NASCAR saw tepid growth of 0.9% in 2016 after growing the most of any league other than MLS in 2015 (10.1%). It was one of the only leagues to decline in 2014 with -7.3% growth. The turnaround began in 2015 with a “walk in” set-up for licensed merchandise, and the strategy is paying off with steady sales.

While the NHL is one of the smaller leagues, note that the steady 3.4% growth in 2016 followed a year of dramatic change in the league’s licensing program. In 2016, the NHL has a stronger presence in e-commerce and greater involvement in its own merchandise.

The PGA Tour sales contracted 0.5% in 2016, following years of steady but modest growth—sales were up 2.8% in 2015.

MLS sales were up 11.7% in 2016, the highest growth rate amongst the five major leagues. The growing popularity of soccer meant that European and Latin American teams, in addition to MLS, are seeing a rise in retail sales within the U.S. and Canada.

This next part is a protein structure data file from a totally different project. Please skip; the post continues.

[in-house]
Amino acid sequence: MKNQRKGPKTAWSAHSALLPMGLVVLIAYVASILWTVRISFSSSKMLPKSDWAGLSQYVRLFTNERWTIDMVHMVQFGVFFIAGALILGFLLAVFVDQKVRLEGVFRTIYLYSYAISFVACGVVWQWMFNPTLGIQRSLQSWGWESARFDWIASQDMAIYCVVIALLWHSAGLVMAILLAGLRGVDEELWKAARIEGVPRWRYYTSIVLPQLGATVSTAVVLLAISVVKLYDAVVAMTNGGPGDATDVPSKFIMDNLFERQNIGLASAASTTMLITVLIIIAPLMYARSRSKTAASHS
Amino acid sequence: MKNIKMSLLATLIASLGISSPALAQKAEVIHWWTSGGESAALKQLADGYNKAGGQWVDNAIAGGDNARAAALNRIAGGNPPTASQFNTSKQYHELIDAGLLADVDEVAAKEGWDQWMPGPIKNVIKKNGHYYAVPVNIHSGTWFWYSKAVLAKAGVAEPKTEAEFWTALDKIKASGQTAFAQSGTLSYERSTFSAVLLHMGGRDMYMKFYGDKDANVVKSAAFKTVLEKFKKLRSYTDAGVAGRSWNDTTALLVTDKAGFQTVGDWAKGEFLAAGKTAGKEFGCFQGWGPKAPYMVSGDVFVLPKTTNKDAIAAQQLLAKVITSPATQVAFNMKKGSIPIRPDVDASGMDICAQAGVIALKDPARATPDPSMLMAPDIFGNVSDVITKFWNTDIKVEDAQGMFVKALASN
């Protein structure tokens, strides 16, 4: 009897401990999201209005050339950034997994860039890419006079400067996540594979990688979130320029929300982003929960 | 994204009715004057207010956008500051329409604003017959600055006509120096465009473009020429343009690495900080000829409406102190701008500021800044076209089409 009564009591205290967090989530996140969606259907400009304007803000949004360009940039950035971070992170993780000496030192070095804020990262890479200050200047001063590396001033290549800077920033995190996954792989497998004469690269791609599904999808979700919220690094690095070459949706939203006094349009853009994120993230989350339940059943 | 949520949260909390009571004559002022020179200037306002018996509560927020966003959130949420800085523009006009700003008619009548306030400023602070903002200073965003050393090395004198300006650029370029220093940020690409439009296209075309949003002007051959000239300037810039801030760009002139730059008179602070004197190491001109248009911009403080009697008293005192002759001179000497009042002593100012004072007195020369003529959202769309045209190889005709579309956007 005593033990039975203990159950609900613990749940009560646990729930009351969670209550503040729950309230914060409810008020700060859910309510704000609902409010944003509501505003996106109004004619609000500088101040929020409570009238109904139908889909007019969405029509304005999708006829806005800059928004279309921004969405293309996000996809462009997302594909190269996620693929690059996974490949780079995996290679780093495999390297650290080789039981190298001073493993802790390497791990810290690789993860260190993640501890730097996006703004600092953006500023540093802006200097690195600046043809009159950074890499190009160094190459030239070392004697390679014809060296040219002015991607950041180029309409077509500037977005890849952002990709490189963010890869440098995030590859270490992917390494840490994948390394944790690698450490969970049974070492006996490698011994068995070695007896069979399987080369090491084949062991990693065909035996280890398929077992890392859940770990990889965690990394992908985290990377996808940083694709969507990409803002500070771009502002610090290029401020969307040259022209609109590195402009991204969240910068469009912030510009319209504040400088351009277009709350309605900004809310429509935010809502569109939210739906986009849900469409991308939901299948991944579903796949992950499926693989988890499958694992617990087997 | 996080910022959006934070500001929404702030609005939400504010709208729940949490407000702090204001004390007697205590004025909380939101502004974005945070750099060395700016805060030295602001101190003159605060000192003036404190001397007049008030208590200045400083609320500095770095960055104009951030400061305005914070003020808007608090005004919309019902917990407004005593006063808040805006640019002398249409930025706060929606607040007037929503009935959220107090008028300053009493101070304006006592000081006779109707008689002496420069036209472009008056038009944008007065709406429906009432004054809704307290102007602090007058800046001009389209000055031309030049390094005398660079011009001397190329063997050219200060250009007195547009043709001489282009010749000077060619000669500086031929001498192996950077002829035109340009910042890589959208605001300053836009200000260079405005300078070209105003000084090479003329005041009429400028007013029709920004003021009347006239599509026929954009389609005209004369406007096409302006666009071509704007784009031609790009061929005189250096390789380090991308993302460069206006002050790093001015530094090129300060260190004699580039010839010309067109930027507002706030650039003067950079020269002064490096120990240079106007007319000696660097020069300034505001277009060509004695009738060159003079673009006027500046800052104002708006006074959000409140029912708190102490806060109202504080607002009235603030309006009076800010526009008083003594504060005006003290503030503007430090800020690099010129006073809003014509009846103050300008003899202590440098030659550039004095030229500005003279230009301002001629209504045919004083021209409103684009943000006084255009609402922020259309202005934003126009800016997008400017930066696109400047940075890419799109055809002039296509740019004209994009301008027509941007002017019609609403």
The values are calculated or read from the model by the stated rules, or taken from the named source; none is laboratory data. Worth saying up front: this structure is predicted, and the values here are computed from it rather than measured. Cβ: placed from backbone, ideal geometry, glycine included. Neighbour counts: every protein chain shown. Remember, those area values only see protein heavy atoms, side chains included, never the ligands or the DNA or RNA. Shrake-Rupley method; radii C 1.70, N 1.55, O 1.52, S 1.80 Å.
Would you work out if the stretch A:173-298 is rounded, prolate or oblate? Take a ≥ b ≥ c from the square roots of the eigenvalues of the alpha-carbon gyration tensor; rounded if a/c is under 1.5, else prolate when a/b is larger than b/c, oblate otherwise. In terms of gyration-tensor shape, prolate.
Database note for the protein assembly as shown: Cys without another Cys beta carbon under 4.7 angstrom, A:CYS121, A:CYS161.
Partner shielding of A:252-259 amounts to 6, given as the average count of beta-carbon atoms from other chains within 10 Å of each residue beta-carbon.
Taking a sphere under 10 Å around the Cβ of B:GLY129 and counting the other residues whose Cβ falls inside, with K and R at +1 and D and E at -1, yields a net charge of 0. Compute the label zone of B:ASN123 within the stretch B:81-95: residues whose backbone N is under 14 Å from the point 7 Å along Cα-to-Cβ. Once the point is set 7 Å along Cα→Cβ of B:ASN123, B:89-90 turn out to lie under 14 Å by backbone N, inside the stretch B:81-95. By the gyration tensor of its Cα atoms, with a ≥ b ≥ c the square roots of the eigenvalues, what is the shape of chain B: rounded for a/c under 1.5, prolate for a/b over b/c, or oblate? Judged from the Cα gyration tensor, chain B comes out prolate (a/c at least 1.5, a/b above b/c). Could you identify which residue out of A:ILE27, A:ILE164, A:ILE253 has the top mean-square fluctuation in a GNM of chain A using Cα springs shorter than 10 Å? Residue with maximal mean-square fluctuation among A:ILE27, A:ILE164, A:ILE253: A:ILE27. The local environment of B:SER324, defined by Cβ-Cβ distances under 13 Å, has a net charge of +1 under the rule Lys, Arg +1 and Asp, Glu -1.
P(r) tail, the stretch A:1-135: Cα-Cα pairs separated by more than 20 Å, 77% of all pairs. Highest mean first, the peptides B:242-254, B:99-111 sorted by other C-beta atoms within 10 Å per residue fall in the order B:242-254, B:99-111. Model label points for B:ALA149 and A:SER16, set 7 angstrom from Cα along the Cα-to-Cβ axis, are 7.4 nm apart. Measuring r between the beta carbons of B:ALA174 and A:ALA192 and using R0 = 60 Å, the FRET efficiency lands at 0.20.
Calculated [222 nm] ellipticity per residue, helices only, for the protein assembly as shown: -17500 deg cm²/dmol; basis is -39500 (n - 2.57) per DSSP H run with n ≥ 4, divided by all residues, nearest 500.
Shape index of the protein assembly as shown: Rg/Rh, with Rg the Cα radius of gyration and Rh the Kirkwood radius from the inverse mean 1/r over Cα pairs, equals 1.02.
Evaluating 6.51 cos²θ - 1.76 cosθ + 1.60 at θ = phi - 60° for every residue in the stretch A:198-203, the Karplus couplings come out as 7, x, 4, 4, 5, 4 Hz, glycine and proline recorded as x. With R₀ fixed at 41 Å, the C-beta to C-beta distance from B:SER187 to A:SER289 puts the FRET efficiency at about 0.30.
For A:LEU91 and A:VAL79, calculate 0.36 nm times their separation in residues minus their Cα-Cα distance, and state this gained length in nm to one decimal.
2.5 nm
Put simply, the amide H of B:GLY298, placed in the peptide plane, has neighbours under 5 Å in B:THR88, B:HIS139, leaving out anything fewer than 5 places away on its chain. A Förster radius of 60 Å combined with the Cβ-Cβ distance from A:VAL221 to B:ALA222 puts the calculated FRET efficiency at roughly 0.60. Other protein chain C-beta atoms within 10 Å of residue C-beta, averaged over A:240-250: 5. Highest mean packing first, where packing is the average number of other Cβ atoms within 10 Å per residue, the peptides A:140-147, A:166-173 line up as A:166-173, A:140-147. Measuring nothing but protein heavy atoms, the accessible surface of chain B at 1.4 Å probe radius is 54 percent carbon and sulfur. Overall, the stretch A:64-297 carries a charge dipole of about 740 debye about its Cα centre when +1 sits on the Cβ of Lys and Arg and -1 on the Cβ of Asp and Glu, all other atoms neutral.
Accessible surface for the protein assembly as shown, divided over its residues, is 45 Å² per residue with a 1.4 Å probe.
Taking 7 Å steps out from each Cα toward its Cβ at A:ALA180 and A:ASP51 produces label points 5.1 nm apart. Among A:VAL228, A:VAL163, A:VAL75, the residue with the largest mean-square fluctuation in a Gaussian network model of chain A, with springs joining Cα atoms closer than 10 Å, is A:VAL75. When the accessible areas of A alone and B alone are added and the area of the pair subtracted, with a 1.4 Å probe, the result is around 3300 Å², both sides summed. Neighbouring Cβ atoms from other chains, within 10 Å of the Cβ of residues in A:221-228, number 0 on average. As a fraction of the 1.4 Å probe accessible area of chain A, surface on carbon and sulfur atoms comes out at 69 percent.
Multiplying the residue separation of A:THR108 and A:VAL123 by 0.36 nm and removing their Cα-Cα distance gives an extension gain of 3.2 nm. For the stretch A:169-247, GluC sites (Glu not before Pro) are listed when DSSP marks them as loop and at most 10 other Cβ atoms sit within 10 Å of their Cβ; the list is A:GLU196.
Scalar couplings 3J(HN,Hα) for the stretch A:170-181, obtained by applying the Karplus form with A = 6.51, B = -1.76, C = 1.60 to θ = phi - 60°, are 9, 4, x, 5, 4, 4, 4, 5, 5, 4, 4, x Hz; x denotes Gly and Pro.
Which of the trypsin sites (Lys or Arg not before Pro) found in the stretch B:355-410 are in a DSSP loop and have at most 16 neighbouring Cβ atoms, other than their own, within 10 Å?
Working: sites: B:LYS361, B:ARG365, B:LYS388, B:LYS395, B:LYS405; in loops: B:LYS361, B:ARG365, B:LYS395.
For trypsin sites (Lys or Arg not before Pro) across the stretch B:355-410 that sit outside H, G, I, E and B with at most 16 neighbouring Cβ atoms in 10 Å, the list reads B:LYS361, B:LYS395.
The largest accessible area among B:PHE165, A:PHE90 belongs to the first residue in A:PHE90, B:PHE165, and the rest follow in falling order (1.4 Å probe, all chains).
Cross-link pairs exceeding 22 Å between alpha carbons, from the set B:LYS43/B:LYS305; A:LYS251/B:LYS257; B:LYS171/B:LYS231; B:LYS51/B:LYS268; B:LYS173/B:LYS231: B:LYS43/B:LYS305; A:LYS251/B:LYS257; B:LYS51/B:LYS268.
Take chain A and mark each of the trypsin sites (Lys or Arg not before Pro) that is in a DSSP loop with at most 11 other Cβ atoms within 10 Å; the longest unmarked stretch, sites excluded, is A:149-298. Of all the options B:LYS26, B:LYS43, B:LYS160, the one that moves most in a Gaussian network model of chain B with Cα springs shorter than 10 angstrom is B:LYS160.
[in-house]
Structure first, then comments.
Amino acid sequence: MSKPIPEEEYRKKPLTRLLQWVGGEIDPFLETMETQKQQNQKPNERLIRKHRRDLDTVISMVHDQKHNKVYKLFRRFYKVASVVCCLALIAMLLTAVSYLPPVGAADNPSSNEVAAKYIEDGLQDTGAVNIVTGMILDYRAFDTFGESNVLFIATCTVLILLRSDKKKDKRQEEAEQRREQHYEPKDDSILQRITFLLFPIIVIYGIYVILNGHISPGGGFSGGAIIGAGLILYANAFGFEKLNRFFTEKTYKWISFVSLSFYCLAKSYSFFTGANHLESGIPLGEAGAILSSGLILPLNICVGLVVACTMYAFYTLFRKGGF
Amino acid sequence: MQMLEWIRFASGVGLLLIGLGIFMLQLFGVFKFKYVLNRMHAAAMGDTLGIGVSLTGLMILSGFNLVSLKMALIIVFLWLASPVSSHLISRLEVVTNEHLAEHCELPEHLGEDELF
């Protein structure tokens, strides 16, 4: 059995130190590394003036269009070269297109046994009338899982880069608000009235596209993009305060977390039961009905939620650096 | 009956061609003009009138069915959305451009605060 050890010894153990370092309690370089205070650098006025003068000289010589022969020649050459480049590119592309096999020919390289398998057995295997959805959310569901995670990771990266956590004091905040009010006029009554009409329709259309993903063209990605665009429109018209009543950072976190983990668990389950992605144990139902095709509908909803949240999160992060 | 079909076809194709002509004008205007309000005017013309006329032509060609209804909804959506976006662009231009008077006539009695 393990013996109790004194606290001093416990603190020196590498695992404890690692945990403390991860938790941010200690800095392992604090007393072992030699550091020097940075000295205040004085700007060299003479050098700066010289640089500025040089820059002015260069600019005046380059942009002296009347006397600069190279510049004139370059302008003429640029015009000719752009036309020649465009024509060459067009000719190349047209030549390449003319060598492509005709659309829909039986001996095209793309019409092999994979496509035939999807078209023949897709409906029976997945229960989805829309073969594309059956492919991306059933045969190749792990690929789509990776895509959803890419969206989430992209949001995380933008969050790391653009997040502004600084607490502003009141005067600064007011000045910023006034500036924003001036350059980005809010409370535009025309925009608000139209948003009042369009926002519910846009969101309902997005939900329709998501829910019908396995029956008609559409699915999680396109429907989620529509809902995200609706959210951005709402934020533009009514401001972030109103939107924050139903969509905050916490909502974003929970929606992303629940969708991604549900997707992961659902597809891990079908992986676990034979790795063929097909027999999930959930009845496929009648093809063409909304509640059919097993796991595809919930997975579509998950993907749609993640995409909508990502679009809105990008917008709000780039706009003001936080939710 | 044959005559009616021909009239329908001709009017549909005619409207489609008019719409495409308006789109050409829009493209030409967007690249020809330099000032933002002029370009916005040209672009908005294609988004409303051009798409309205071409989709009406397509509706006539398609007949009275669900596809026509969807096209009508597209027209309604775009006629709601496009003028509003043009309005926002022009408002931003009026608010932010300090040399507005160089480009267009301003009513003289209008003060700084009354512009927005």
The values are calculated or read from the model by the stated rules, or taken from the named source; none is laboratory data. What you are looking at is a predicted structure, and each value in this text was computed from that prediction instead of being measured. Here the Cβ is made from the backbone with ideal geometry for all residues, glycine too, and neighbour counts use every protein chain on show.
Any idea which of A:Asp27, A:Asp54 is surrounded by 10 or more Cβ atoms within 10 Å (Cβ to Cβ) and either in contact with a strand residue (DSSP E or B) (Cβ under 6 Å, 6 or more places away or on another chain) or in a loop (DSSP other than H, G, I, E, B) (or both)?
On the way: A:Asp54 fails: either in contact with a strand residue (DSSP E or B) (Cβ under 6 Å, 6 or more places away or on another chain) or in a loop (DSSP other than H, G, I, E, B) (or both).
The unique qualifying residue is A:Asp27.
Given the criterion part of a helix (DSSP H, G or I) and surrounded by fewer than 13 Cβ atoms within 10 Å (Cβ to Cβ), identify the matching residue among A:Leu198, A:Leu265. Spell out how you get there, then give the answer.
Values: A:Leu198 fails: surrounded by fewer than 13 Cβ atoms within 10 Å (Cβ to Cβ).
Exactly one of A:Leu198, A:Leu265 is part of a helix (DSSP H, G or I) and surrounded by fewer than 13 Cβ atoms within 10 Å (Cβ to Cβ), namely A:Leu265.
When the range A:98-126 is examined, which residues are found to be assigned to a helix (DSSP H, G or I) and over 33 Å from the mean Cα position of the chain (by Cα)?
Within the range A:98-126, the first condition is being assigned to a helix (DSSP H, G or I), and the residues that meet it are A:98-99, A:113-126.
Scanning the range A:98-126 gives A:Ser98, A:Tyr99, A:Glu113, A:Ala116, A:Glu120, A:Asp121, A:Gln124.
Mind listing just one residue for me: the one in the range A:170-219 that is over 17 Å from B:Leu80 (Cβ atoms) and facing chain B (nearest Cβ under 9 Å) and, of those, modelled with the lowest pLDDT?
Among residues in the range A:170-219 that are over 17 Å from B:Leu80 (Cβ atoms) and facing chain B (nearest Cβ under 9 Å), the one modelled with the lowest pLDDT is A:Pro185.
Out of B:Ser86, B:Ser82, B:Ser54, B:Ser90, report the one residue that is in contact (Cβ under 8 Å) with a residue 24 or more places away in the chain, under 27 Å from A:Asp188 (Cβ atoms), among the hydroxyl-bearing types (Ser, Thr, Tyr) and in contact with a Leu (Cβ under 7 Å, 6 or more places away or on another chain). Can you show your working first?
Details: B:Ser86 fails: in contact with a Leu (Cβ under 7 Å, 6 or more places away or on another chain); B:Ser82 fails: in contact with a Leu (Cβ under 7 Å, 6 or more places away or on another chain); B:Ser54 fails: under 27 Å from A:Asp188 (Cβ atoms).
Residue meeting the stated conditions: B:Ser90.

Retail Sales of Licensed Sports Merchandise, Share of Total, By League, U.S & Canada, 2015–2016
Note: Numbers may not add up exactly due to rounding.
(Figures in Billions)
LeagueRetail Sales, 2016Retail Sales, 2015Change, 2015–2016Share, 2016
National Football League$3.53$3.403.7%22.9%
Major League Baseball$3.74$3.526.3%24.2%
National Basketball Association$2.75$2.548.3%17.8%
NASCAR (teams & drivers)$0.84$0.840.9%5.5%
National Hockey League$1.06$1.033.2%6.9%
PGA Tour$0.34$0.34-0.5%2.2%
Major League Soccer$0.72$0.6511.7%4.7%

Retail Sales by Product Category

The biggest areas in sports licensing are the product category “tripod”—soft lines, hard lines, and digital/multimedia.

Apparel, accessories, and other soft lines accounted for roughly 50% of sales. As usual, traditional authentic and replica jerseys were the workhorse of the soft lines, chugging along at a steady rate. The biggest growth trends for 2016 in apparel (up 3.7%) were athleisure and sportswear; in accessories (6.6%) trends included headwear (caps, both fitted and not, remain a fashion staple) and socks (which have grown year-on-year at a triple-digit rates since 2014).